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Autoimmunity - an Introduction

Autoimmunity - The Enemy within our Bodies

Acting as a protective shield, our immune system wards off invaders like bacteria and viruses. If it is intact and in working order, this defence system activates the various immune cells that can rapidly and effectively overcome any threat from a viral or bacterial attack.

Links to cells of the immune systems
White blood cell micrographs
basophil granulocytes
neutrophil granulocytes
plasma cells

However, when it turns against the body’s own tissue, the consequences are fatal: the cells of our immune system get out of control. They turn against the body itself and begin to destroy healthy tissue, leading to impaired function or even complete failure of the affected organ. This results in autoimmune disease often causing severe and life-threatening complications.

Rheumatoid arthritis for example leads to progressive destruction of the joints. Defensive cells of the immune system first attack the synovial membranes in the joints. The synovial membrane begins to grow and generates substances that destroy cartilage and bone.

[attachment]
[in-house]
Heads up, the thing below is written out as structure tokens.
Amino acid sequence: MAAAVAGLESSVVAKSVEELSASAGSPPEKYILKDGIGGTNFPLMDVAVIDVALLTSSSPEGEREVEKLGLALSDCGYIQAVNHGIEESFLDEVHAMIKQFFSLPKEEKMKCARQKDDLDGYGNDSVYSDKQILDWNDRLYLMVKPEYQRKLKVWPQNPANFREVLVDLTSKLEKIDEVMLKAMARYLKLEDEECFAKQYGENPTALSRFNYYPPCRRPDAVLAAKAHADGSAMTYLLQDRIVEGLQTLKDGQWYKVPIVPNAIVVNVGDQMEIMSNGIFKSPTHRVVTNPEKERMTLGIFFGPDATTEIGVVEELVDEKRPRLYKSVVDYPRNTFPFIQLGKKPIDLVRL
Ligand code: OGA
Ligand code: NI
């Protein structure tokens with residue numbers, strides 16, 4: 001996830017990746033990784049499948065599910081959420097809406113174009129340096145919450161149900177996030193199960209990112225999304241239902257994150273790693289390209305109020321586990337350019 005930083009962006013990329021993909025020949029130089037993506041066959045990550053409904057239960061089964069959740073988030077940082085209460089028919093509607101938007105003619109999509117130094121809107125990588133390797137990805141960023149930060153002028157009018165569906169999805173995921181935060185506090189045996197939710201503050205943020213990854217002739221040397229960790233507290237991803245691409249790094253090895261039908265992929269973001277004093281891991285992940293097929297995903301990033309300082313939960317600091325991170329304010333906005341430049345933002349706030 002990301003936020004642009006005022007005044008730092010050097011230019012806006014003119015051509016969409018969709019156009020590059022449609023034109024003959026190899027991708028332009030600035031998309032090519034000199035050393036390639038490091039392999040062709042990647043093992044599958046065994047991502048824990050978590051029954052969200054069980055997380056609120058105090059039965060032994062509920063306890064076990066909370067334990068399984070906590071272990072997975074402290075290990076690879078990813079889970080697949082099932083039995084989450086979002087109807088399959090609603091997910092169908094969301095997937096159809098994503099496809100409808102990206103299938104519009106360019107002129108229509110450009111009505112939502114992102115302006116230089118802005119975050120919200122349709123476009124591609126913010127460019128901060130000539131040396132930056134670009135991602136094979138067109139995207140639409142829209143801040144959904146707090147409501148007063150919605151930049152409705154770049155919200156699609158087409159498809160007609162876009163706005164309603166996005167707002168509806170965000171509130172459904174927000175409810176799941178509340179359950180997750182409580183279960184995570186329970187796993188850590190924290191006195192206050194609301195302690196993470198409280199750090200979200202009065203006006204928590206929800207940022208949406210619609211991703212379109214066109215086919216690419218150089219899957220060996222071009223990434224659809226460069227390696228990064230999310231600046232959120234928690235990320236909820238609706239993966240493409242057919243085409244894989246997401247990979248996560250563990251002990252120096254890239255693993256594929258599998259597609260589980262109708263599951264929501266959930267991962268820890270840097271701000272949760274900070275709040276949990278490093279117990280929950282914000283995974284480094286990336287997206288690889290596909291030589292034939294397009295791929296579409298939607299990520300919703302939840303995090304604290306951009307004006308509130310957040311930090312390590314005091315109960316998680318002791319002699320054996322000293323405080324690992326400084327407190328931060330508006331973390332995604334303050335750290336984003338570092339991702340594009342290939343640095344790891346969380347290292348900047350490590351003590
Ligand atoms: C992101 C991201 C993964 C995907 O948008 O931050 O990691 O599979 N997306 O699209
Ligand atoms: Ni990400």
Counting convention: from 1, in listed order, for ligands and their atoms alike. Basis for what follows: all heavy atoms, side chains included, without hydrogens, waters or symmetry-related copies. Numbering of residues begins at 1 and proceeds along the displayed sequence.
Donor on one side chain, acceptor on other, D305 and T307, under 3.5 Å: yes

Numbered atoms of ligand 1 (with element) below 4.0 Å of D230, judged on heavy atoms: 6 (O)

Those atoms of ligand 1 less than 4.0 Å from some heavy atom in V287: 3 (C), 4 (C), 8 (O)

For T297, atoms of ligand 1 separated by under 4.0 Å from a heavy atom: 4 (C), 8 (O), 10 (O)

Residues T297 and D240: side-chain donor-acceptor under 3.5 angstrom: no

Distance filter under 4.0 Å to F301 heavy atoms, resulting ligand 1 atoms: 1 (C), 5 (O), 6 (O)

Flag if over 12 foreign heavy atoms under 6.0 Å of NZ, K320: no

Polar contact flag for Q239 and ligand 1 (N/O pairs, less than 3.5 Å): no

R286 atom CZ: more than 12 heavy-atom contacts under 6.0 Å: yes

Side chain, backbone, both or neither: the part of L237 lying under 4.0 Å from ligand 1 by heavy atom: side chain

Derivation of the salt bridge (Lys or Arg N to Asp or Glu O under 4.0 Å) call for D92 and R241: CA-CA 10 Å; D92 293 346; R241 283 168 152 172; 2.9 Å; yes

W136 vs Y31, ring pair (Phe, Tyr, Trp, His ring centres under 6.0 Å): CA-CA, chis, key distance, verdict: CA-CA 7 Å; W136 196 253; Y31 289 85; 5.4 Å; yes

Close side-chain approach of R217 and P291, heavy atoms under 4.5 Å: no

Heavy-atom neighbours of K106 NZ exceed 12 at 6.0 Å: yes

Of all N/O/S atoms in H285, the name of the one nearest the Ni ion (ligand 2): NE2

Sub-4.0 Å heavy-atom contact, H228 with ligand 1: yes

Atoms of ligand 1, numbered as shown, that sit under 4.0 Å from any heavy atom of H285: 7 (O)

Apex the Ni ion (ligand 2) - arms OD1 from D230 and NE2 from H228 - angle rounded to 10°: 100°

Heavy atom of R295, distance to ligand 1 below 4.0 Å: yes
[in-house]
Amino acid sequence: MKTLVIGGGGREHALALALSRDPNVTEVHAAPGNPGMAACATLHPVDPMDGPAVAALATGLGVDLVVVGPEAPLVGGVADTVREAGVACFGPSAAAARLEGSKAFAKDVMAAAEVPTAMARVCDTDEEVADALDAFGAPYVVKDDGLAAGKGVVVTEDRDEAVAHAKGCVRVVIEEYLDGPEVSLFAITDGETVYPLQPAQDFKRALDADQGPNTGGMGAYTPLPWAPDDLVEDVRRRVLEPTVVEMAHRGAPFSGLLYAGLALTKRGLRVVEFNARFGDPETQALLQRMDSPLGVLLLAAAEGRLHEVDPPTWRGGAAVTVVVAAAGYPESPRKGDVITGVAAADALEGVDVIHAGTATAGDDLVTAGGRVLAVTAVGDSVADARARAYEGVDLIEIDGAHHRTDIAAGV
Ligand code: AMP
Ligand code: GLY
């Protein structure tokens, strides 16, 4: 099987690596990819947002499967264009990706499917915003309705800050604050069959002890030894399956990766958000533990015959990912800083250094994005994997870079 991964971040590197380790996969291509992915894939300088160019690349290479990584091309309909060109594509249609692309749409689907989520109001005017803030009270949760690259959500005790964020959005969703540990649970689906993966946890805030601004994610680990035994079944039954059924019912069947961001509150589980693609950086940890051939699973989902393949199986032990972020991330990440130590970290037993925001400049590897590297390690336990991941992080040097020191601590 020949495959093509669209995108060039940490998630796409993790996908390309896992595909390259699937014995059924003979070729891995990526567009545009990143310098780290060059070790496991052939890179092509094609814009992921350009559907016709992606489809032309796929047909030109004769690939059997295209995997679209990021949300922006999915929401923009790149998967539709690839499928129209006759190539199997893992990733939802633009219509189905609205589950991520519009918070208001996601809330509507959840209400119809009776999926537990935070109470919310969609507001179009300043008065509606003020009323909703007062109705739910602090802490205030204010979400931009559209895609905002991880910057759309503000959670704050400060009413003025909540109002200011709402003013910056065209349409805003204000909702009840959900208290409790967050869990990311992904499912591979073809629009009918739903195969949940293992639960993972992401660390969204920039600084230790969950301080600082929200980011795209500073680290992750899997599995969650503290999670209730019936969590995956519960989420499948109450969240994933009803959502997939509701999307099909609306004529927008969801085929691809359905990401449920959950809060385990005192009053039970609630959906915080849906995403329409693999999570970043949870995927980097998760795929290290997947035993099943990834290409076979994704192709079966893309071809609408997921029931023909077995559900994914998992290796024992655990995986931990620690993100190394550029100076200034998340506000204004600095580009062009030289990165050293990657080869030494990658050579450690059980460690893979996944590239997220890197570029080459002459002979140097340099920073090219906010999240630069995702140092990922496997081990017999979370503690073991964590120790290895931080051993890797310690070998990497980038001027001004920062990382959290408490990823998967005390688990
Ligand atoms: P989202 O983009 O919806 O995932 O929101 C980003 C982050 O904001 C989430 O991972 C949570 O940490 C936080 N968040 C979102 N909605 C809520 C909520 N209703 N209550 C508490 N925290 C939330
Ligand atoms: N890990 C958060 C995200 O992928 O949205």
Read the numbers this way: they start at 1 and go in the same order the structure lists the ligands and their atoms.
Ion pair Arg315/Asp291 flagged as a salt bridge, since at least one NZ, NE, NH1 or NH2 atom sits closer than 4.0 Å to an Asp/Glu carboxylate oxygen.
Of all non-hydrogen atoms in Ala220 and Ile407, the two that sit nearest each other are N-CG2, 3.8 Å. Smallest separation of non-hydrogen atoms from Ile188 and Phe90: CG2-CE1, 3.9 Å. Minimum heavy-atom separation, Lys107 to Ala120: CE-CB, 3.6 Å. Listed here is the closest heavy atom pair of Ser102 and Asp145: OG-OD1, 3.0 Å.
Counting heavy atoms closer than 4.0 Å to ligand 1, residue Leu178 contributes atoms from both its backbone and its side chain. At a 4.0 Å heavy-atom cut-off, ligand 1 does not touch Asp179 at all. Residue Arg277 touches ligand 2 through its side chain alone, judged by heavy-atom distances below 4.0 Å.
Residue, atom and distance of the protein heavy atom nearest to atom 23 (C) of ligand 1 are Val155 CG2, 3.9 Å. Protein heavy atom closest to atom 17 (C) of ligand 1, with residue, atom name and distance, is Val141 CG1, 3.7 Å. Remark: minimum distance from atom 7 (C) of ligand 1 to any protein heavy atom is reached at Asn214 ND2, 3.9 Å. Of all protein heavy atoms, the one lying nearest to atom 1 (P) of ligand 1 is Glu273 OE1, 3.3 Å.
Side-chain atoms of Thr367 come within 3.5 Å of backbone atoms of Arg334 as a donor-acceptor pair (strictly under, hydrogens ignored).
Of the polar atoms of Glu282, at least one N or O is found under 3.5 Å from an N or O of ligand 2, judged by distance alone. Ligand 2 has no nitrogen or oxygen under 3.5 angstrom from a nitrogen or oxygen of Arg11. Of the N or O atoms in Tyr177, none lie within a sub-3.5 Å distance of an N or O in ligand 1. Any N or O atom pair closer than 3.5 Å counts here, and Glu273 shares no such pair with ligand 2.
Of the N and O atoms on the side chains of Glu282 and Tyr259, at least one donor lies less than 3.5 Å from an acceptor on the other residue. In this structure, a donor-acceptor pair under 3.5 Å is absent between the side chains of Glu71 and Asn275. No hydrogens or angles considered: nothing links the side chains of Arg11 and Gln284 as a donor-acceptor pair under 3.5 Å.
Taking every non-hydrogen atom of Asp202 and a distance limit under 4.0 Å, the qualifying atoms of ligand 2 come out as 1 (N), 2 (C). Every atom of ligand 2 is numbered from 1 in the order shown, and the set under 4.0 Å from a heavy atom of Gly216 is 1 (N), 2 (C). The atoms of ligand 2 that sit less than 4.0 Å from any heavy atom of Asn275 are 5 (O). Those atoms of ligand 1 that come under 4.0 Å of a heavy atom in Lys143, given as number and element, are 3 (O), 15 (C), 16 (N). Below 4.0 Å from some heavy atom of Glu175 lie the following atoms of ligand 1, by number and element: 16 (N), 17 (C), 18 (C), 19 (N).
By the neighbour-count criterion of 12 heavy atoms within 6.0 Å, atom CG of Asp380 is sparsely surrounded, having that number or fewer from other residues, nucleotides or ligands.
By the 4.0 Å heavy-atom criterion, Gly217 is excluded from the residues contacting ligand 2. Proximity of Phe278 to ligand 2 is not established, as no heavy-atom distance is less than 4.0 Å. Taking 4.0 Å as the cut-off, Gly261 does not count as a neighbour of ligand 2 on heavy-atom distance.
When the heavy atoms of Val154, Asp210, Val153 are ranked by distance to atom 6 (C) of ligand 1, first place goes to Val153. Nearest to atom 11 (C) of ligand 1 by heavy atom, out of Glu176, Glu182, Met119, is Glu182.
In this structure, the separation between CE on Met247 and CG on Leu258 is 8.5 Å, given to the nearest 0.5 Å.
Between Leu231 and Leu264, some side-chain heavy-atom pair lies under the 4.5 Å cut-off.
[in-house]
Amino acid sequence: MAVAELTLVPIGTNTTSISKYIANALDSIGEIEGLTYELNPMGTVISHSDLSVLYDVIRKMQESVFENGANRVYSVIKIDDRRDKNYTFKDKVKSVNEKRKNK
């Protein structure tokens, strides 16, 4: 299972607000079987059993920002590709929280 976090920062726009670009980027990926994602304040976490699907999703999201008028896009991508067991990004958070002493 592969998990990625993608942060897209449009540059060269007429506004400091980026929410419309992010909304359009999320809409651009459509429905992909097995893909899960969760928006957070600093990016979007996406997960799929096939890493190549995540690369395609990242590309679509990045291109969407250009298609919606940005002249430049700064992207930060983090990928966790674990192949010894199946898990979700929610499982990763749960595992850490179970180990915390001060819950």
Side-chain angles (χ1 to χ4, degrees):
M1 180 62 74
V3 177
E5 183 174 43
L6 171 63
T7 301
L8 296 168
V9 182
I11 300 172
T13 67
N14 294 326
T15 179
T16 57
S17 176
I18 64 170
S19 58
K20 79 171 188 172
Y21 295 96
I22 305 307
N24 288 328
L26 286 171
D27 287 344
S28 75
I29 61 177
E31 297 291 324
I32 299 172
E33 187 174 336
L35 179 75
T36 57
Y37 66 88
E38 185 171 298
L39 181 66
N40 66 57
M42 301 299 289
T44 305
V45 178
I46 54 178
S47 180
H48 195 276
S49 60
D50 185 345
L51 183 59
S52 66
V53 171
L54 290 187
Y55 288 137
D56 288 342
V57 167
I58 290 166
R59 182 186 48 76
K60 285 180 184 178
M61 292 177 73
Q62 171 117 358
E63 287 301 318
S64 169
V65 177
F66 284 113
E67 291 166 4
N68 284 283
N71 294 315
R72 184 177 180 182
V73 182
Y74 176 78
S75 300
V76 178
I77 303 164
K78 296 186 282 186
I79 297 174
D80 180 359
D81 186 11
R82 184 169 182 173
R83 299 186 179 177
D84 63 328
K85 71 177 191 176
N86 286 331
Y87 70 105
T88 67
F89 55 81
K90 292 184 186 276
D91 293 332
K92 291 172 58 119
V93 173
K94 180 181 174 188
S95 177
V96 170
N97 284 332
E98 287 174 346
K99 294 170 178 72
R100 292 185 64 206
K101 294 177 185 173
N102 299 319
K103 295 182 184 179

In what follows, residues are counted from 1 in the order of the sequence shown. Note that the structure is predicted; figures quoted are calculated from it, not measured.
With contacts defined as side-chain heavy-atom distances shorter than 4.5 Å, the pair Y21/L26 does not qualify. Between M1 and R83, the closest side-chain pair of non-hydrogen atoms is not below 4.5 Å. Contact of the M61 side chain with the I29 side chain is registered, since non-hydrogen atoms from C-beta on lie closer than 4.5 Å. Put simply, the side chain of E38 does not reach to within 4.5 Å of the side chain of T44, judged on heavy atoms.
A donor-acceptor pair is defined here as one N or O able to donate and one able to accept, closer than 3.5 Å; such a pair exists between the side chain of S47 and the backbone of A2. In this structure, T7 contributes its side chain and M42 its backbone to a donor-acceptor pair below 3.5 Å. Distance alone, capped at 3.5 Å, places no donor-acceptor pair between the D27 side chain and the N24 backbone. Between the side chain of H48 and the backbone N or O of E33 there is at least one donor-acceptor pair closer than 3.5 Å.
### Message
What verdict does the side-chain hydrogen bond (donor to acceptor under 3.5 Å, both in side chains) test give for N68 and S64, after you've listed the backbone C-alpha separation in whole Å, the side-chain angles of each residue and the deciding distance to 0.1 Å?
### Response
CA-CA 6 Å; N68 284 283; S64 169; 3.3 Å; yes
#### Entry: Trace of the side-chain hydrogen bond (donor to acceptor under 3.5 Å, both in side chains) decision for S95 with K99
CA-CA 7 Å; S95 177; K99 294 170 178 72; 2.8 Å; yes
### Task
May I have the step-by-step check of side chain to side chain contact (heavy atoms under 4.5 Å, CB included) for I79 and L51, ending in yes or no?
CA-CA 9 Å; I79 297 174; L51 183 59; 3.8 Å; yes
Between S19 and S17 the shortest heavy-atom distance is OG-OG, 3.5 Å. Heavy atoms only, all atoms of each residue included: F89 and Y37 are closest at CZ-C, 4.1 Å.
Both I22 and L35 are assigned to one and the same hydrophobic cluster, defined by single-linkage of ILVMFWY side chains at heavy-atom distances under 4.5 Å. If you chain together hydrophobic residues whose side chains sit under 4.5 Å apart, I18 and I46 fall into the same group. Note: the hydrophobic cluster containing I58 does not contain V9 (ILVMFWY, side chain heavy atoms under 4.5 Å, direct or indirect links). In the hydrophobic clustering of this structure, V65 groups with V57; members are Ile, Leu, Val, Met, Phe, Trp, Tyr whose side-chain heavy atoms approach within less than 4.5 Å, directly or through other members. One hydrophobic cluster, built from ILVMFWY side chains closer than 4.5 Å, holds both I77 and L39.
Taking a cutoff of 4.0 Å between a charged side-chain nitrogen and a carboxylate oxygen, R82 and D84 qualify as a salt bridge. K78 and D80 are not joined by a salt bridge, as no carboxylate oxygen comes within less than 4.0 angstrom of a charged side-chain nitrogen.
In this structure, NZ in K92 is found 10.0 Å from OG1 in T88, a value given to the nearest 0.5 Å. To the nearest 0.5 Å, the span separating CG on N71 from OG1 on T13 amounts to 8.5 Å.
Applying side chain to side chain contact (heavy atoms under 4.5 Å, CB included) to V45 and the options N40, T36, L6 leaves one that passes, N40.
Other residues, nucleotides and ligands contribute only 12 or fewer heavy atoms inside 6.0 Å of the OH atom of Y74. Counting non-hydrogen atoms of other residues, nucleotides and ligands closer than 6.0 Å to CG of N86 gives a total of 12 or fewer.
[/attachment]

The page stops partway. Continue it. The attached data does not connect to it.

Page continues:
Rheumatoid inflammation of a joint
© Orgentec Diagnostika

Rheumatoid arthritis usually begins subtly, with swelling, pain, and problems with movement of the finger joints. The bones of the joint slip out of their normal positions and the joints deform and lose their function. As a clinical picture the characteristic deformations of the rheumatic hand become visible:

Progressive deformation of the finger joints caused by rheumatoid arthritis
Quelle: NIH ( Wikimedia Commons )
Typical X-ray image of the right hand of a patient suffering from rheumatoid arthritis
Aufnahme: Bernd Brägelmann

Further reading

  • Focus Rheumatology: State-of-the-art diagnostics and early therapy (PDF-Download). In: Up-to-Date 2007, Publisher Orgentec Diagnostika, Mainz, Germany.
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